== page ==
Fairbanks is the heartbeat of interior Alaska’s road system, and chances are pretty good that if you’re traveling far into the interior you’ll make a stop in The Golden Heart City. As one of the largest cities in the state, there’s no shortage of things to do and you might find yourself wanting to stay in the area for a few days. Where to sleep? We’ve got you covered with this list of RV camping options in the Fairbanks area, many of which have full-service sites.
We always celebrate a good play on words, and this campground’s name is one for the books. (Think northernmost…) This RV and tent camping site is 12 miles north of Fairbanks on the Elliot Highway. It’s the farthest north full service campground on the way to Deadhorse, so be sure to dump what needs to be dumped if you’re in for a longer haul.
Northern Moosed is open from mid-May through September dependent on weather.
River’s Edge Resort and RV Camping
Another aptly named spot, River’s Edge is right on the banks of the Chena River near downtown Fairbanks. They have 167 full and partial hookup sites. All the sites are wide, pull through spots for easy parking. “All you have to do is pull into your spacious site, sit back, and relax,” they boast on their site.
If that easy task still leaves you famished, check out Chena’s Alaskan Grill, a full-service restaurant on site with a beautiful deck overlooking the river.
This wooded RV camping area is about 10 minutes from downtown Fairbanks by the State Fairgrounds. There are 50 sites, including 50 amp and 30 amp hookup spots, and two dump stations.
There are hiking and biking trails accessible right from the campground.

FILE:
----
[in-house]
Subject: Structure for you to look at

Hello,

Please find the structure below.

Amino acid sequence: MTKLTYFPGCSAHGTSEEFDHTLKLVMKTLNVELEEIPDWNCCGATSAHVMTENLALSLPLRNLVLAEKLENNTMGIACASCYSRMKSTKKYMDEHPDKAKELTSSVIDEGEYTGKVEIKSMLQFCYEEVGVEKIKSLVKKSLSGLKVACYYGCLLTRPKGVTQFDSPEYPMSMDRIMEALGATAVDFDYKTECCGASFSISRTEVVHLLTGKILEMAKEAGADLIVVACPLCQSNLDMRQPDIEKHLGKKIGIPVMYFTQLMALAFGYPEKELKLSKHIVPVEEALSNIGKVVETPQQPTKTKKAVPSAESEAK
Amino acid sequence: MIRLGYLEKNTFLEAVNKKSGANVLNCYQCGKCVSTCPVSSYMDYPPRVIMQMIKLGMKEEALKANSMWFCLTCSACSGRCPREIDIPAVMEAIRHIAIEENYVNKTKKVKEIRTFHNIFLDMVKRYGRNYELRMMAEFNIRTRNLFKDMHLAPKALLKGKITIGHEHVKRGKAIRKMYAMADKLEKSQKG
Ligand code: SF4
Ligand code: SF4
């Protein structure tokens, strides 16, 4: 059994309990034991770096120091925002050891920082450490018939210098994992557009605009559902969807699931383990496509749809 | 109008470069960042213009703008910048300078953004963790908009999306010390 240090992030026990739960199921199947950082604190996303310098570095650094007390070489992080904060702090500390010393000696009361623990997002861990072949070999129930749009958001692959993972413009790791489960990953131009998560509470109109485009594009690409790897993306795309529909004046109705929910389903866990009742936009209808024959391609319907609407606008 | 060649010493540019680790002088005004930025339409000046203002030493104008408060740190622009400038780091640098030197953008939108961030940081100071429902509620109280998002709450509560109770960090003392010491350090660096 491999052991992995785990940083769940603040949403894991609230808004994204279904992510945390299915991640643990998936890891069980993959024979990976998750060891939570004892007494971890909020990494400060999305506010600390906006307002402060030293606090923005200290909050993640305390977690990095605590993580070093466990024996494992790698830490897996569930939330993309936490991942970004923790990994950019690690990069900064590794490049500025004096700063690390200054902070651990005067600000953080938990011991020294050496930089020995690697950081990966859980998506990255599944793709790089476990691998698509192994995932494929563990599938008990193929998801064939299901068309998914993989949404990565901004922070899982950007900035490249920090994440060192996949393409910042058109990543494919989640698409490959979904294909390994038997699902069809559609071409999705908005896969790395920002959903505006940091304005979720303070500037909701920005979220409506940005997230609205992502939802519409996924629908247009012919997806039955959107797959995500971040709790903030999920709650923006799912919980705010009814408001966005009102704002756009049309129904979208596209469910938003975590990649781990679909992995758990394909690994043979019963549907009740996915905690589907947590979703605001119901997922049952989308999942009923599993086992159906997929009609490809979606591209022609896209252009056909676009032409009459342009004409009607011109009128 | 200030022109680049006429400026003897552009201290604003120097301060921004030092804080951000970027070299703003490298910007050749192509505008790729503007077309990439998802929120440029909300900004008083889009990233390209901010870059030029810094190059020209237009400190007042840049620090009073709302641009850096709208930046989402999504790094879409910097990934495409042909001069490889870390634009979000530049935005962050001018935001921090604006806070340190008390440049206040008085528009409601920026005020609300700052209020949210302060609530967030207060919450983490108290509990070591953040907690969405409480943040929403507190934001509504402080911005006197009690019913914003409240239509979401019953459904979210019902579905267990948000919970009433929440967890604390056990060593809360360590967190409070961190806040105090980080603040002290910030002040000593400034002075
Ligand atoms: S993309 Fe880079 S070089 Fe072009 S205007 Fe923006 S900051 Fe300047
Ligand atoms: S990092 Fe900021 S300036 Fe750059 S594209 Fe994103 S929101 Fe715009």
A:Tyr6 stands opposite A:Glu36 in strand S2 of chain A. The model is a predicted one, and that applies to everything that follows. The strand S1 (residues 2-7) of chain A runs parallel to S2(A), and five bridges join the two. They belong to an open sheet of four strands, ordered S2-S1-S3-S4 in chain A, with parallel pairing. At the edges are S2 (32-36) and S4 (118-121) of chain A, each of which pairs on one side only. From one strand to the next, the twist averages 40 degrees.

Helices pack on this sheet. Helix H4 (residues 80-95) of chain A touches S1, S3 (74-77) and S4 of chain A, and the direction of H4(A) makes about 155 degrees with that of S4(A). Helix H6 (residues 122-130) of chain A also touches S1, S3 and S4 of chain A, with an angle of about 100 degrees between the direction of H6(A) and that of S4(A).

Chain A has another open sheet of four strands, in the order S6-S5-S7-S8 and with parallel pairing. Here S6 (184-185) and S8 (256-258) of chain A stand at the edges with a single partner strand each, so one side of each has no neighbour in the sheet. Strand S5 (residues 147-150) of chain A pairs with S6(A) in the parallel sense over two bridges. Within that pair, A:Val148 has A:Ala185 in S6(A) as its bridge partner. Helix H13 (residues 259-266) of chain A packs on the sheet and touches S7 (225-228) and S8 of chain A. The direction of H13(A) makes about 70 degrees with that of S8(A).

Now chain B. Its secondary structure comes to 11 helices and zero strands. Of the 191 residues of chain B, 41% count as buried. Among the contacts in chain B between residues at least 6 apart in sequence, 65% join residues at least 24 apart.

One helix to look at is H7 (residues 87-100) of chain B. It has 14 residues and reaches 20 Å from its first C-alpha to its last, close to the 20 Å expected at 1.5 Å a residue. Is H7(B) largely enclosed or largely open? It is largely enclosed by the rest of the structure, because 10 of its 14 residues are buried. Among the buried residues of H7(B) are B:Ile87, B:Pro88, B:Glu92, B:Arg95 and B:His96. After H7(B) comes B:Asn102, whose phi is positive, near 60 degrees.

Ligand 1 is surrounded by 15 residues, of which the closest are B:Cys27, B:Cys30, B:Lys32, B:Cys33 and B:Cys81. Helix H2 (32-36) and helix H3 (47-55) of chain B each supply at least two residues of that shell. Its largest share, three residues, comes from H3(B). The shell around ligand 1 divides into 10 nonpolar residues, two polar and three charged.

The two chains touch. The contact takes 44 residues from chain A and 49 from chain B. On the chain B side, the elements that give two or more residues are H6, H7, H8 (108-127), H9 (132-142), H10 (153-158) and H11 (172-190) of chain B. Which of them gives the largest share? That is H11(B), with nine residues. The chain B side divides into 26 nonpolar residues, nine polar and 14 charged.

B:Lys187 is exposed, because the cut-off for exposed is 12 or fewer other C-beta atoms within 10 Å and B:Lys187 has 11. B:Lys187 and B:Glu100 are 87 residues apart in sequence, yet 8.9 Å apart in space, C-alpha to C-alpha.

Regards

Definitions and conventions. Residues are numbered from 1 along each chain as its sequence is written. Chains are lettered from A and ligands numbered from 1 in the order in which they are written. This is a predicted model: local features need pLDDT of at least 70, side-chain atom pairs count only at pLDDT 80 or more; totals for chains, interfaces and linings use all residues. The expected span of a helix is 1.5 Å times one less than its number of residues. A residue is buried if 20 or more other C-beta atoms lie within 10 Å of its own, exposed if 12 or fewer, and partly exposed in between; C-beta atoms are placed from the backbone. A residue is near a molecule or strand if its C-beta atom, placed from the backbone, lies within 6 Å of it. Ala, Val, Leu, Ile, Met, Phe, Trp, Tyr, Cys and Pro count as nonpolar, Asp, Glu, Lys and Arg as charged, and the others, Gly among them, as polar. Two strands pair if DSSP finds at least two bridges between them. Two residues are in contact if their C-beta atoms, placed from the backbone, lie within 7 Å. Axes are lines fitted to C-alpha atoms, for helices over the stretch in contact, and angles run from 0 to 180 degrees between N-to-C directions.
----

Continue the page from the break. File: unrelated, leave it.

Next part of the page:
Fairbanks RV Park and Campground
This campground at the Chena River State Recreation Site is a DNR campground with 60 spots including 11 with electric and water hookup. There’s a boat launch, fishing access, and hiking trails by the river. The park does have a camping limit of three days.
This 44-acre park showcases the history of Fairbanks through historic buildings, small shops, food, entertainment, and even train rides. The park is open year-round, though most attractions are open only from Memorial Day through Labor Day. Admission to the park is free, and self-contained RVs can park in designated areas for $12 a night. There are no hookups, but free potable water is available during the summer.
Pioneer Park doesn’t accept and advanced reservations. All stays are on a first-come, first-serve basis. There is a five night camping limit.
In between North Pole and Fairbanks, Riverview is a family owned and operated RV camping area with 160 sites, 154 of which are full hookup. There is a riverside walking area for strolls along the river, a pitching and putting course with three holes, and a clubhouse. Most sites are 70-foot pull-through spots with a lawn.